“We aim to improve the quality of patient care in transitioning patients to the outpatient setting,” Taldone says. “Patients with COVID-19 and their caregivers have tremendous fear about what will happen to them when they return home, so patient education plays a crucial role.”
Using telemedicine and remote monitoring to its fullest extent is a group effort that requires a high level of quality communication.
“Launching a patient monitoring program like the UHealth Televigilance program requires interdisciplinary team efforts,” Taldone says. “Effective communication facilitates patient education and the opportunity to improve the patient experience.”
Even as the results of the UHealth Televigilance program are assessed in the coming months, Taldone says expansion of the program is certainly possible.
“Various departments have met with our team, and they are considering expanding the UHealth Televigilance program in their areas of patient care, from cancer to surgery,” Taldone says.
Owen agrees and hopes this will be the case.
“After COVID, I hope this program doesn’t go away, but rather shows itself as an opportunity for patients and providers to stay connected through telemedicine, especially for those with chronic conditions,” Owen says. “Of course, it will only be stable if Medicare continues to keep the rules and regulations in place for the reimbursement of telemedicine.
“COVID-19 has brought to the forefront much more in telemedicine than we’ve ever experienced before,” Owen continues. “It’s been out there, but there hasn’t been a push for reimbursement for telemedicine to the extent that there is today. With COVID-19, CMS took an in-depth look at reimbursing [telemedicine] activities at a much higher rate because professionals were telling people to stay home, yet we have to take care not to exacerbate a patient’s other comorbidities.”
When the patient’s main symptoms and comorbidities are under control, home often is the best place for recovery. “For both patient and family, there isn’t anyone out there who says, ‘Oh, I want to go to the hospital,’” says Owen. “Going in typically increases the stress level for the family as well as the patient. During COVID-19, the family often can’t even accompany the patient at all. Telemedicine options can reduce stress for the patient and family.”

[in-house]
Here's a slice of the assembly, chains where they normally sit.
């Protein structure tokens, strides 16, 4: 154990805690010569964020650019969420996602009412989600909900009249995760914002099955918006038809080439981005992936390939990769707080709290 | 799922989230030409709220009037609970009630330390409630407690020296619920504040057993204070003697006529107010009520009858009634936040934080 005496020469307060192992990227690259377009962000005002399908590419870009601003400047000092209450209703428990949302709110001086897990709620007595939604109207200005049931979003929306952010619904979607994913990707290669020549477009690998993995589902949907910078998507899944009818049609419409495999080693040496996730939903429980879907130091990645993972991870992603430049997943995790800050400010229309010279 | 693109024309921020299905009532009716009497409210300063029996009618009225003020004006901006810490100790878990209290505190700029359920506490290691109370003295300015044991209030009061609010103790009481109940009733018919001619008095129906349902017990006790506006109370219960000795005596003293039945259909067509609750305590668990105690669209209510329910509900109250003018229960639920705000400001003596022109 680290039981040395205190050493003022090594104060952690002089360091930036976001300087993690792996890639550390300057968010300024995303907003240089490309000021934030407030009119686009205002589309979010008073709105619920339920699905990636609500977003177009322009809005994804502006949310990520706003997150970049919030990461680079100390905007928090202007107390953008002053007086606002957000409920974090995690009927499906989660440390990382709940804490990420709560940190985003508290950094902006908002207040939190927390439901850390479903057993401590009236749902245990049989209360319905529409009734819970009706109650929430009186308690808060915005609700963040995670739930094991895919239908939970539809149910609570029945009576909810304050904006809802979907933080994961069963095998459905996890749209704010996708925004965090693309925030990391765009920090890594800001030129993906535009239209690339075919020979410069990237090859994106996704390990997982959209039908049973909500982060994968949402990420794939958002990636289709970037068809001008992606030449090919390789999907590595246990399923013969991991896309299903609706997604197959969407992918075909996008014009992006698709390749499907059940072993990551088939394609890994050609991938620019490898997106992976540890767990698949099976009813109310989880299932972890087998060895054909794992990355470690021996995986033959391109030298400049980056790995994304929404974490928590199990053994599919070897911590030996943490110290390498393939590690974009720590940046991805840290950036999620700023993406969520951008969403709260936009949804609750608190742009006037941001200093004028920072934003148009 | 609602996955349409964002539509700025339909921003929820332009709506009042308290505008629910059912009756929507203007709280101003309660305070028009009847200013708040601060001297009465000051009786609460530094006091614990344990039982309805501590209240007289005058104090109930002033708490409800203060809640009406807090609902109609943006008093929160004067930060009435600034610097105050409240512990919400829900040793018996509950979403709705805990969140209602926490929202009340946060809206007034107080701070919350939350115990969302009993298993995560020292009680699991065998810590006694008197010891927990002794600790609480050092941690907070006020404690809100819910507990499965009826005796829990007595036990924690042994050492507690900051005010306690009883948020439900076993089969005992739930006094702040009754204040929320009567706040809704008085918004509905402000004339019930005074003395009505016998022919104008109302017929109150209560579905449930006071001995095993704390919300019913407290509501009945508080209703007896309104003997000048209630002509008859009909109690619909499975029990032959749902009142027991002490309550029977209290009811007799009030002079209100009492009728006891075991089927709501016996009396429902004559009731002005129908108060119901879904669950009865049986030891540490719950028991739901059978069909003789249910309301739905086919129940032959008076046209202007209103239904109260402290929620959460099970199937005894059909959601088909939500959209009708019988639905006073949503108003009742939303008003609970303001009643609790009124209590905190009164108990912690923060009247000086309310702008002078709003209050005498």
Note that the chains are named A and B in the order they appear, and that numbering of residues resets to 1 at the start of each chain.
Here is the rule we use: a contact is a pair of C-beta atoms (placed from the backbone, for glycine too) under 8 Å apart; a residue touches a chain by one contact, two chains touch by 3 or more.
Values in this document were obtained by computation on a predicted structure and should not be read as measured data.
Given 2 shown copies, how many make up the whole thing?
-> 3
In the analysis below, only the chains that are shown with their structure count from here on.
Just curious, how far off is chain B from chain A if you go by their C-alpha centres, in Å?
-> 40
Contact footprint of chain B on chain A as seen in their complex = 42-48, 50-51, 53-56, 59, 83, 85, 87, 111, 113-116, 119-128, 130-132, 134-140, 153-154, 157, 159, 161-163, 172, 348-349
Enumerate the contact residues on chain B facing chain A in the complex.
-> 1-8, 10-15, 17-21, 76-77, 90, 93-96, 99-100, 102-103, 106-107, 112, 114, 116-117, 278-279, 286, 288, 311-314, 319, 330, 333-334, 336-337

Owen says this is an essential part of recovery for many patients whose health is negatively affected by stress.
“That can’t be minimized,” she says. “A tool such as this is a blessing to be able to offer as a service to allow patients and family a less stressful situation — or even give them an option when it’s not possible to find a bed in a hospital situation.”
Hospital case managers and other healthcare professionals should continue to monitor the developments in telemedicine programs, and consult with their team regarding best practices for making the best use of it throughout the case management process.
- Bestsennyy O, Gilbert G, Harris A, et al. Telehealth: A quarter-trillion-dollar post-COVID-19 reality? McKinsey & Company. May 29, 2020. https://www.mckinsey.com/industries/healthcare-systems-and-services/our-insights/telehealth-a-quarter-trillion-dollar-post-covid-19-reality
As telemedicine use increases, case management professionals can harness its benefits to improve outcomes and provide a better experience for patients and physicians. COVID-19 played a large part in the increase as providers worked to minimize exposure to the virus. However, many patients still need proper monitoring.